Thank heaven that February has twenty-nine days this year. We’re going to need every day to try to keep up with the number of books being released that month. I have thirteen of them in my closet alone. Interested?
Just in time for the centennial anniversary of the sinking of the Titanic, Kate Alcott brings us The Dressmaker, a romantic historical novel about a young woman who survives the disaster, only to find herself caught up in the resulting media frenzy.
Deborah Crombie’s latest book, No Mark Upon Her, is scheduled for release on Feb. 7, and I’m hosting her for Authors @ The Teague on Feb. 9. One foggy evening, a former Olympic rowing hopeful, a Metropolitan Police officer, hoping to make a comeback at the approaching Olympic Games. Scotland Yard Superintendent Duncan Kincaid is assigned to investigate the death.
The Next One to Fall is Hilary Davidson’s new book. The story is set three months after the events of Davidson’s award-winning debut, The Damage Done. Travel writer Lily Moore goes to Peru with her closest friend. The trip was to lure Lily from her dark mood, but, instead, she witnesses a woman’s death at Machu Picchu. Although the official ruling is accidental death, Lily can’t accept that after the woman’s dying comments. Davidson will be appearing for Authors @ The Teague on Feb. 22.
Alex George’s A Good American is an epic tale of the Meisenheimer family’s journey from immigrants to residents of Beatrice, Missouri in a story that covers the life and history of the twentieth century.
In Kristin Hannah’s Home Front, she tells the story of Michael and Jolene, a married couple working and raising their children. An unexpected deployment sends Jolene, a helicopter pilot in the Army National Guard, deep into harm’s way, leaving defense attorney Michael at home, struggling to care for the children. The family and marriage changes in the months Jolene is away. Then, an unexpected tragedy hits. I’ll be giving away copies of Home Front early in February.
The fifth book in R.J. Harlick’s Meg Harris mystery series is A Green Place for Dying., Meg is back home in this book, where she learns a neighbor's daughter is missing. When she investigates, she learns there are sixteen Aboriginal women missing.This is a major issue where there are over 560 missing Native women in Canada.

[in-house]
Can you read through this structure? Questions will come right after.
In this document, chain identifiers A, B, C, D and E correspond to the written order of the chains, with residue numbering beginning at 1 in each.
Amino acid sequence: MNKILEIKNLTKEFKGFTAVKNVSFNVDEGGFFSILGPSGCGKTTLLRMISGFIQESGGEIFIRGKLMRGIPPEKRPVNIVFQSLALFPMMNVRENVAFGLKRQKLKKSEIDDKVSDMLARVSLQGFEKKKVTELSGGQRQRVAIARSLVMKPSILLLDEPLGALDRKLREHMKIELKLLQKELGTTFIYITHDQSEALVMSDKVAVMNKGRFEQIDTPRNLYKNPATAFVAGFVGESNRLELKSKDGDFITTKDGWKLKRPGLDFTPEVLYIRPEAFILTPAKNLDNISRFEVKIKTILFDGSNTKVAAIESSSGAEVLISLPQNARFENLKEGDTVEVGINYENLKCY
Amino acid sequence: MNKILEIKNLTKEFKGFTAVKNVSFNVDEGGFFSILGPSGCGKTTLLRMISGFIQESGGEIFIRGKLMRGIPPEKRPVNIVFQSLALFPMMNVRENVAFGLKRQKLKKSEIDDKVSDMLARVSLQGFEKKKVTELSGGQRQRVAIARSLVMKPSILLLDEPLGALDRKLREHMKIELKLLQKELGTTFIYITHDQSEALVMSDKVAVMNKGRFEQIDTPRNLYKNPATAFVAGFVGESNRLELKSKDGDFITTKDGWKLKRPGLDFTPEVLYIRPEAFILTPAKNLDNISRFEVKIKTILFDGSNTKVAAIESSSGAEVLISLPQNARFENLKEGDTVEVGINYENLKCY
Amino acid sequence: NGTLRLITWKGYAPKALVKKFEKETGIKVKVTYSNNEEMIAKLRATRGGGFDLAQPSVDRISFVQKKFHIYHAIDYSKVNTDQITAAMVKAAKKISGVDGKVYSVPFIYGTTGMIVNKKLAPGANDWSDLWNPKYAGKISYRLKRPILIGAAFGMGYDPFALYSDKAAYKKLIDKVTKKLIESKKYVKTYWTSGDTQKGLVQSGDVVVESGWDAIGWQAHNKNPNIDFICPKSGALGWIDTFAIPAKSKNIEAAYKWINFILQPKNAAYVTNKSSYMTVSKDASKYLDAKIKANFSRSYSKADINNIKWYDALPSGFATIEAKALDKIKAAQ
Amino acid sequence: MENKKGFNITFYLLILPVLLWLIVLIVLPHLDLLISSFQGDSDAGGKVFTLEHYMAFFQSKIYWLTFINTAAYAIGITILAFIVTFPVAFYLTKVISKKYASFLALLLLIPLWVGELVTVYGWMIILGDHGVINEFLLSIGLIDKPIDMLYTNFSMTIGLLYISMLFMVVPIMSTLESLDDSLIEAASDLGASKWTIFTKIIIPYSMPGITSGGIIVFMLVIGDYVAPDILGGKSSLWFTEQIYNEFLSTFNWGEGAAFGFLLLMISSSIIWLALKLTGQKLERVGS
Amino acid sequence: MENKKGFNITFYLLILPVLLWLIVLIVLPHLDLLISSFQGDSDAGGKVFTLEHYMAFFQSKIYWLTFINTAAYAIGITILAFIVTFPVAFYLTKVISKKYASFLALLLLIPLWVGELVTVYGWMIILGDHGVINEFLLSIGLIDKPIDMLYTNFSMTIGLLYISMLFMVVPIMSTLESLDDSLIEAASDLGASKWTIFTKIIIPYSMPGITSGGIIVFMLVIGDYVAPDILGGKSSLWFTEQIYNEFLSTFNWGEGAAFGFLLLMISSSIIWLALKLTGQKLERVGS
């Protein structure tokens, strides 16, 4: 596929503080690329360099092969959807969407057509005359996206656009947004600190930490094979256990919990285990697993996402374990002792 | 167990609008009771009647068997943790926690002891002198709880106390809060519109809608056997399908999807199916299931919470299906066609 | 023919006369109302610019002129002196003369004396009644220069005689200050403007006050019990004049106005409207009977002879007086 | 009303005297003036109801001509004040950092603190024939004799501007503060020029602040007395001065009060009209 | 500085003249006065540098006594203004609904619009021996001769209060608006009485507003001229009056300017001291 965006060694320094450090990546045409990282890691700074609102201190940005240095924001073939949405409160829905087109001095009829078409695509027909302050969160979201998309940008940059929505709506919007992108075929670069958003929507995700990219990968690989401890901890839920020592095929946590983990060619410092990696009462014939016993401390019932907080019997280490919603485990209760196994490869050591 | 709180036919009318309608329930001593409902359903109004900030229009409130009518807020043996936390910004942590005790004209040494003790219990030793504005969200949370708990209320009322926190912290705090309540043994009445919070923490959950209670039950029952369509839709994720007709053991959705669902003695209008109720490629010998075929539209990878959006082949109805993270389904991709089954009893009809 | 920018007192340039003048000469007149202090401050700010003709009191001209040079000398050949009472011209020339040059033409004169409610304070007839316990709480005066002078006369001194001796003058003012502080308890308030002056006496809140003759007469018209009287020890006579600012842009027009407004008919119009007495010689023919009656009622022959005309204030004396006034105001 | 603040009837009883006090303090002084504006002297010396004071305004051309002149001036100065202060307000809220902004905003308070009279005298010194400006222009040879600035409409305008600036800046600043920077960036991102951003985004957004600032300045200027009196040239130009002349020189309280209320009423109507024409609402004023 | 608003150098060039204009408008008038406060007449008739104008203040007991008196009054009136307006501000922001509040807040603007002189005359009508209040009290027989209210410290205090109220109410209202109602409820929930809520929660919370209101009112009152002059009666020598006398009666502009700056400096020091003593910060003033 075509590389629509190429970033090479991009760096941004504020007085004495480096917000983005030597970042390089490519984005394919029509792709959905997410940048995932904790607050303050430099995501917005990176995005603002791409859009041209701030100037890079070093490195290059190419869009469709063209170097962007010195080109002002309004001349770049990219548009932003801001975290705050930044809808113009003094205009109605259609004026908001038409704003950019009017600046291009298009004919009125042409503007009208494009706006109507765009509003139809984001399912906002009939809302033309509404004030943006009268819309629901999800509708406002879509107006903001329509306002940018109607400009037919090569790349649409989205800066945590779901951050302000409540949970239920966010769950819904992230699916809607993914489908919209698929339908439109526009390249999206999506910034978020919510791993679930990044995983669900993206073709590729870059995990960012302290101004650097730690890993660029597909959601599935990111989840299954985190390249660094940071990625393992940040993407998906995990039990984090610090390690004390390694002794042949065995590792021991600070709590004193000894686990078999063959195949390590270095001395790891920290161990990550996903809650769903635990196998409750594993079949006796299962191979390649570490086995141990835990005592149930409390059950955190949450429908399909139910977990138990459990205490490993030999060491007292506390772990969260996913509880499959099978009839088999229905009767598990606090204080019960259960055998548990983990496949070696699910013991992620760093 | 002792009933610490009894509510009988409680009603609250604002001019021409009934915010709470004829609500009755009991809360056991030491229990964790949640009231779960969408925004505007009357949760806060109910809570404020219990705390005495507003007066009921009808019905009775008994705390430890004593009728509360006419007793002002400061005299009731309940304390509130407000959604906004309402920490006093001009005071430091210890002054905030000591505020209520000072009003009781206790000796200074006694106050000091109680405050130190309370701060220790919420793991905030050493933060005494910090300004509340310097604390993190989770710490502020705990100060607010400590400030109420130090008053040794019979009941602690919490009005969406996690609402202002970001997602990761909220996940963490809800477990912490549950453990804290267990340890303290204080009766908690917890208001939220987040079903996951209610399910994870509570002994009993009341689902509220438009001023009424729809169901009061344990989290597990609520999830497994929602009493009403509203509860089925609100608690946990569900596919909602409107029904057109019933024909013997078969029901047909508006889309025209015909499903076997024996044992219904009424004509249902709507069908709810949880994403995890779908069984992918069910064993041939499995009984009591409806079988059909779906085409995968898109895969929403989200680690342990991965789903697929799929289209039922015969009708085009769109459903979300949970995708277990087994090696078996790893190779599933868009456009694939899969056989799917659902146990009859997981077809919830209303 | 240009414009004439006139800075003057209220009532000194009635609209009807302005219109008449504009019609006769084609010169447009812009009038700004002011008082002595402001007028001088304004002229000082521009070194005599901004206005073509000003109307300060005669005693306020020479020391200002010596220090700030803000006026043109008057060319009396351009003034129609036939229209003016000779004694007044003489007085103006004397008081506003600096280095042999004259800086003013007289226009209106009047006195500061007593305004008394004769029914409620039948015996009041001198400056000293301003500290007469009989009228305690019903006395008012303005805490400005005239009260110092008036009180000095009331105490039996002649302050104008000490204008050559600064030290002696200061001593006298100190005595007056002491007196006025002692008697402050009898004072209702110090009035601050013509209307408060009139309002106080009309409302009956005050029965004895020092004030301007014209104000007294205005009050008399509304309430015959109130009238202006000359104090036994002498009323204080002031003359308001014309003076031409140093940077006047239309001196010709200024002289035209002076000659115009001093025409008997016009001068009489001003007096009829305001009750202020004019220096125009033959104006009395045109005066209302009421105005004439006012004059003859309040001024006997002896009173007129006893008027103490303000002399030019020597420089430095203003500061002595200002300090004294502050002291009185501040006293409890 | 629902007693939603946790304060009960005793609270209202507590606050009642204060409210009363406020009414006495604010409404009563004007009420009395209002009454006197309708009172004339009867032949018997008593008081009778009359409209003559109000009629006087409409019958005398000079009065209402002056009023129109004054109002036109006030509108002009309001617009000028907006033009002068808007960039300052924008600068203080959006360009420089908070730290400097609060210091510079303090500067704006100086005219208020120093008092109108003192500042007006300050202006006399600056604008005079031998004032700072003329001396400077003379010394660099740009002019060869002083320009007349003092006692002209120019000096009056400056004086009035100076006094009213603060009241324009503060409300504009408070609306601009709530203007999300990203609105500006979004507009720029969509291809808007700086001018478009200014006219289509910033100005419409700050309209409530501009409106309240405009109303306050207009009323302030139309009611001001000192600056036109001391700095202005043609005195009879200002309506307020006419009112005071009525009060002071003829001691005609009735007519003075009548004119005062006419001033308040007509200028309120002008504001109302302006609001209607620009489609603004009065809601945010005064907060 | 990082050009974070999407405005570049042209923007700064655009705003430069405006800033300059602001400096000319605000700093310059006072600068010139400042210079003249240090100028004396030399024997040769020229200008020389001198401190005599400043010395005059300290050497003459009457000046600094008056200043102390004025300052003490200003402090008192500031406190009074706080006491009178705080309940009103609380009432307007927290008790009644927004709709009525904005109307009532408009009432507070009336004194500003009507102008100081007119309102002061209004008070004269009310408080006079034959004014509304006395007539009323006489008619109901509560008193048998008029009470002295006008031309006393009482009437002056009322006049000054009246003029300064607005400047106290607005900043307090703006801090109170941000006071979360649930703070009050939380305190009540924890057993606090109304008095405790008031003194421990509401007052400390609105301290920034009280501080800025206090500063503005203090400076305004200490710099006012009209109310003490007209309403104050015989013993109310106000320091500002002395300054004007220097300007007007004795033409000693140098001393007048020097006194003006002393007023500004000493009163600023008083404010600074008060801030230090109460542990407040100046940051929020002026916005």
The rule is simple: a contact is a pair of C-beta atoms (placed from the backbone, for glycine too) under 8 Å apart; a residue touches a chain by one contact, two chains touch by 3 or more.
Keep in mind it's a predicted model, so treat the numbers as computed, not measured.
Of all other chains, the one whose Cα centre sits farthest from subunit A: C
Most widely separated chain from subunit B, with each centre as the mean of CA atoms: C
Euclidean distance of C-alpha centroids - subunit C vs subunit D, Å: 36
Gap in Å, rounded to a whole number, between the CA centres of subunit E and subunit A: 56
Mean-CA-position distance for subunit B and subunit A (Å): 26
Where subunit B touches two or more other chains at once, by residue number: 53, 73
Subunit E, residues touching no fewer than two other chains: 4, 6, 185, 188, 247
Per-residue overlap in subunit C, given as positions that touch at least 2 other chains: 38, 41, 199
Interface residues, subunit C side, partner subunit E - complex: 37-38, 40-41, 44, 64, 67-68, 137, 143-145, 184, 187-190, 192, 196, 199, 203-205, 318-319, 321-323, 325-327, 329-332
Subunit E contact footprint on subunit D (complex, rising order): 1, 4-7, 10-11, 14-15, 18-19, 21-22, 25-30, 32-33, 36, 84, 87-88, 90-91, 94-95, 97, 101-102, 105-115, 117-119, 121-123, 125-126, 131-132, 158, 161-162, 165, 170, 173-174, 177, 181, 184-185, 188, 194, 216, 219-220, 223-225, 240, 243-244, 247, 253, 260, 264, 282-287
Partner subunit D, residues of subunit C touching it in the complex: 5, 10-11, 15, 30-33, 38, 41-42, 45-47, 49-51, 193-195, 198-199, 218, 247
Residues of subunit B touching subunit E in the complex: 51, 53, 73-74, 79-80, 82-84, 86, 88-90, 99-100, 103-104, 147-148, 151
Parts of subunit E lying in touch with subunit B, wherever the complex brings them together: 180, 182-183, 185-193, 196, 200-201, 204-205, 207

Dorothy James launches the Inspector Georg Büchner series with A Place to Die. Eleanor and Franz Fabian travel from New York to spend Christmas with Franz’s mother in the Vienna Woods, expecting a boring holiday. Instead, they are caught up in a murder investigation. Büchner’s investigation is set against a backdrop of Viennese history from the Nazi years to the present day.
Set in 1960 in the Solomon Islands, Graeme Kent’s latest mystery, One Blood finds Sister Conchita, a young American nun, teamed up with Sergeant Ben Kella to discover the link between the murder of an American tourist, acts of sabotage that threaten the operations of an international company, and the sudden upsurge of interest in John F. Kennedy, about to become the thirty-fifth American President.
Julie Mars’ Rust, set in New Mexico, brings an artist, Margaret Shaw together with Rico Garcia, the king of the low rider welders. Despite their lack of common ground, when Margaret asks Rico to teach her to weld, they build a deep friendship, embarking on an odyssey that leads to the healing of two broken souls.
Secrets of the Lost Summer, Carla Neggers’ latest romance, takes readers to a beautiful New England town in the Swift River Valley.Olivia Frost is transforming a historic home. She finds it just perfect, except for the ramshackle house next door. Dylan McCaffrey never counted on inheriting that house, one that holds the key to a generations-old lost treasure. He can’t resist that treasure, or his new neighbor.
Kira Peikoff’s debut thriller is Living Proof, a novel set in 2027. By that time, fertility clinics must pass rigorous inspections. A brilliant young doctor is thriving, surpassing every government requirement. But, her own radical past may threaten the future of human life, and scientific progess.
Charlotte au Chocolat is Charlotte Silver’s memoir, the story of her childhood growing up in her mother’s restaurant. Located in Harvard Square, Upstairs at the Pudding was the backdrop of her childhood. When the restaurant looks as if it may finally be closing, she realizes the sacrifices her mother made the keep the family and her restaurant afloat.
"Who’s Irene Huss? She’s a former Jiu-Jitsu champion, a mother of twin teenage girls, and the wife of a successful chef. She’s also a Detective Inspector with the Violent Crimes Unit in Göteborg, Sweden" in Helene Tursten’s latest crime novel, Night Rounds. It’s an unusual case. One nurse is dead and another vanishes after their hospital is hit by a blackout. The only witness claims to have seen Nurse Tekla doing her rounds, a nurse who committed suicide sixty years earlier. Now, Huss has the challenge of untangling a mixture of ghosts and murder.
February looks terrific, but I’m not wishing the year away. I need as many days as I can get to read the forthcoming books.